The word knowledge in the Bible means an understanding or an acknowledgment of a spiritual matter. The knowledge of God must lead to a deep appreciation for and relationship with Him through faith. The Bible defines faith in Hebrews 11:1 as “being sure of what we hope for and certain of what we do not see.” The dictionary defines faith as trust in somebody or something, especially without logical proof.
For the Christian, a living knowledge implies a relationship. For example, when the Bible says that “Adam knew Eve his wife” (Genesis 4:1), it means he had a loving union with her. Jesus used the word know to refer to His saving relationship with those who follow Him: “I am the good shepherd; I know my sheep and my sheep know me” (John 10:14).
Knowledge leads to action. The good shepherd who knows the sheep of his flock, takes a loving interest in them; the sheep, in turn, knowing their shepherd, have full confidence in Him and follow His steps. The relationship between God and His children grows by a daily connection to God through study of the Word, praying, claiming His promises by faith, and witnessing.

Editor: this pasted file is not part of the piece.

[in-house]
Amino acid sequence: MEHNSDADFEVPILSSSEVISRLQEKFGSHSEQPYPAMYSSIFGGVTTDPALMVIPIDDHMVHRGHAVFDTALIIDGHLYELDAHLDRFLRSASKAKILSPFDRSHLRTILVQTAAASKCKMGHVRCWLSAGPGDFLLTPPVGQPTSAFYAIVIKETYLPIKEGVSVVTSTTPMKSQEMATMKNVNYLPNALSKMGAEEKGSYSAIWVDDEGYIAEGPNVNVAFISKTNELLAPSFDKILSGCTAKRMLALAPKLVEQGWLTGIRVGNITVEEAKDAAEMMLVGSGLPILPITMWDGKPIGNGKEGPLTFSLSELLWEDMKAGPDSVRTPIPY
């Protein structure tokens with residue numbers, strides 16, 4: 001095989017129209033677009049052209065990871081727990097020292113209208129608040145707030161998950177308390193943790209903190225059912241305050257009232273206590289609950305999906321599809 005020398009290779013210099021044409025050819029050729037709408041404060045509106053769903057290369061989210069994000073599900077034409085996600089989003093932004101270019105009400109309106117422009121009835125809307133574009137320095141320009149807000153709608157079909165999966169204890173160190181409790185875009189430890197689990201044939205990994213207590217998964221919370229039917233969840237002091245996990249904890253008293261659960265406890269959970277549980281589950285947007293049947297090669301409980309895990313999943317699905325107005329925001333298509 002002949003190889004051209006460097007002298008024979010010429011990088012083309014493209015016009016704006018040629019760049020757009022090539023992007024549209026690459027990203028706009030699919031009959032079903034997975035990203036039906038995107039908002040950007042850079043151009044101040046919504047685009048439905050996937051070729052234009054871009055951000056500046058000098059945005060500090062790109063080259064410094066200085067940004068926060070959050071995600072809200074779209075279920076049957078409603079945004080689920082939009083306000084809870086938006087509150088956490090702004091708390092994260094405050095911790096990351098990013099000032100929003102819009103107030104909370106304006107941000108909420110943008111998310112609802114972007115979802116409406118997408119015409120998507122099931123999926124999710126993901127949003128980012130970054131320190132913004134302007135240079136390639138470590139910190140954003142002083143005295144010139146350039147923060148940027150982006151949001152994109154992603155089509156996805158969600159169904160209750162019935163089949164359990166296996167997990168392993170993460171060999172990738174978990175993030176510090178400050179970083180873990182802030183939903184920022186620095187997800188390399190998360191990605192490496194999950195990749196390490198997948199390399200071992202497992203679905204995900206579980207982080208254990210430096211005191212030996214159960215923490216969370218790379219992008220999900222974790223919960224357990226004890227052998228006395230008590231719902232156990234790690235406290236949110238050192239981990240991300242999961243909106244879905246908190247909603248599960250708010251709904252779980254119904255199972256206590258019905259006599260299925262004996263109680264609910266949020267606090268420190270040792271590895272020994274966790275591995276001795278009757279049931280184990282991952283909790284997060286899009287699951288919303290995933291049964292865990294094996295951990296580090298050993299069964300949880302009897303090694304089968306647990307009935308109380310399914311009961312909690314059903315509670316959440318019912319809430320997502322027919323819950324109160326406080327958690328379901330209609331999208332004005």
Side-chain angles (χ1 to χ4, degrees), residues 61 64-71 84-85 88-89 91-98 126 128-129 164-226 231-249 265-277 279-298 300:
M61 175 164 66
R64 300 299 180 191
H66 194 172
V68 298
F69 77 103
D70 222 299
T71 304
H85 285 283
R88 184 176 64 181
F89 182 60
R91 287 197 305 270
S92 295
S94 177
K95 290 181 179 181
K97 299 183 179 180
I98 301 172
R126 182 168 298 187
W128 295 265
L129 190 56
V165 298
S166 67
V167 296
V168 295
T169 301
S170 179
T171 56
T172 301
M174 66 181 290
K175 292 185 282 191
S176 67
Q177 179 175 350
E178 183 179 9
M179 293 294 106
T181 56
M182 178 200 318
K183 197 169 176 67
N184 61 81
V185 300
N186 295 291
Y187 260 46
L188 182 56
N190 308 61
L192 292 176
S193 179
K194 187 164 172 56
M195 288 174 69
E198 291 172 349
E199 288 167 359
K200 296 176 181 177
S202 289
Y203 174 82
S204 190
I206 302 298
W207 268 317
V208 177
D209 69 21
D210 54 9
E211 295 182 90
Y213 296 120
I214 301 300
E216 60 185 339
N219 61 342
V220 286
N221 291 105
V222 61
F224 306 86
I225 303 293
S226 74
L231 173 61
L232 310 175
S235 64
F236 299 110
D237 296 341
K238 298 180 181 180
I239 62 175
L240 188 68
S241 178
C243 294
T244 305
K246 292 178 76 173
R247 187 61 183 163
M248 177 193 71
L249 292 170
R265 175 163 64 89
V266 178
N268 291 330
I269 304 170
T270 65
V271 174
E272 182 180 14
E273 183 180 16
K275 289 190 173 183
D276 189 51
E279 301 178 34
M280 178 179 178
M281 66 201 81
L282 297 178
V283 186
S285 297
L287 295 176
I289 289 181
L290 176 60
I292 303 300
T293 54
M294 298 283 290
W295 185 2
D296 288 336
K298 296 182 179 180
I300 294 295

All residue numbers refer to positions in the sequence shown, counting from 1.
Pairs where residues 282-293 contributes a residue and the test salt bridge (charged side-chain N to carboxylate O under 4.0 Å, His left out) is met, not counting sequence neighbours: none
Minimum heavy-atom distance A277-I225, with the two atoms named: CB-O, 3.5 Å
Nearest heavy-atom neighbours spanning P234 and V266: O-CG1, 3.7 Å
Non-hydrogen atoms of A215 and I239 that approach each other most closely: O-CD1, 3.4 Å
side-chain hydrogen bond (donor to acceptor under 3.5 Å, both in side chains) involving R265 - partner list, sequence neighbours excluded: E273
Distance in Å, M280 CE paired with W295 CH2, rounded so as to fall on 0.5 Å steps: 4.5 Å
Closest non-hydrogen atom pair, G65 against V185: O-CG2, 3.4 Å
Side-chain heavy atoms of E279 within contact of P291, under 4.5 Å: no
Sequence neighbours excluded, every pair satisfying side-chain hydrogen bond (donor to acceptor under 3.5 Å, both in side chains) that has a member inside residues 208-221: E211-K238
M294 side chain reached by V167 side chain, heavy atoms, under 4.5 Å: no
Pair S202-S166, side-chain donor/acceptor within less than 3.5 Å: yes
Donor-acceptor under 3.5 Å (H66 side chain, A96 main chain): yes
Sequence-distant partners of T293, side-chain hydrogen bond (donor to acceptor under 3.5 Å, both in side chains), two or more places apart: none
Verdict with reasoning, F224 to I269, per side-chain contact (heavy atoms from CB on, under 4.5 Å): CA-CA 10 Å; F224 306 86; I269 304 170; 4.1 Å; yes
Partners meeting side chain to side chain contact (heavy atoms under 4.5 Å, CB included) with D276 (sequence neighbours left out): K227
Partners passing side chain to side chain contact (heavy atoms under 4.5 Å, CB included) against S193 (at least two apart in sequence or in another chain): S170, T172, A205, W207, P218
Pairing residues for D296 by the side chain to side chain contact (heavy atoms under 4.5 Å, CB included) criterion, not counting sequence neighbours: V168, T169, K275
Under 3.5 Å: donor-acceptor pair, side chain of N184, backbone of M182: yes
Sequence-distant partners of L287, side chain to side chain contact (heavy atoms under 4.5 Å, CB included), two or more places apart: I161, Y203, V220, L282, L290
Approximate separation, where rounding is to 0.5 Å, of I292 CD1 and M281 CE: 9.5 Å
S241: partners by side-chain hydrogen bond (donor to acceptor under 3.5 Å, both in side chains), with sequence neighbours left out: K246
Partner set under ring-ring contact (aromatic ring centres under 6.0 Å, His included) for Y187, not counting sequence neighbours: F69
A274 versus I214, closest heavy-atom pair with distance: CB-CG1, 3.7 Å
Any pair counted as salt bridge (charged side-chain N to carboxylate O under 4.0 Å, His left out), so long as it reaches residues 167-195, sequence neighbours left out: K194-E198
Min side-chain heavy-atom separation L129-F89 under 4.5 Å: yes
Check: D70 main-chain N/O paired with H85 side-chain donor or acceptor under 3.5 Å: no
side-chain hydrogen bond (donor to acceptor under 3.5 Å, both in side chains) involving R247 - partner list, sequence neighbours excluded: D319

The wisest man said, “The fear of the LORD is the beginning of knowledge” (Proverbs 1:7). A reverence for God will lead to a willing obedience, worship and praise to Him. Thus, human knowledge, apart from God, doesn’t lead to eternal life. The Bible refers to it as worthless because it is not moved by loving faith (1 Corinthians 13:2).
The knowledge of God is the most valuable thing a human being can possess, yet in itself it can’t save anyone. James writes, “You believe that there is one God. You do well. Even the demons believe—and tremble! But do you want to know, O foolish man, that faith without works is dead?” (James 2:19,20). Demons believe in the existence of God (Mark 3:11; 5:7). Their belief may be intellectually correct, but they remain demons nevertheless. They lack the faith that transforms the life and produces obedience to God.
In His service,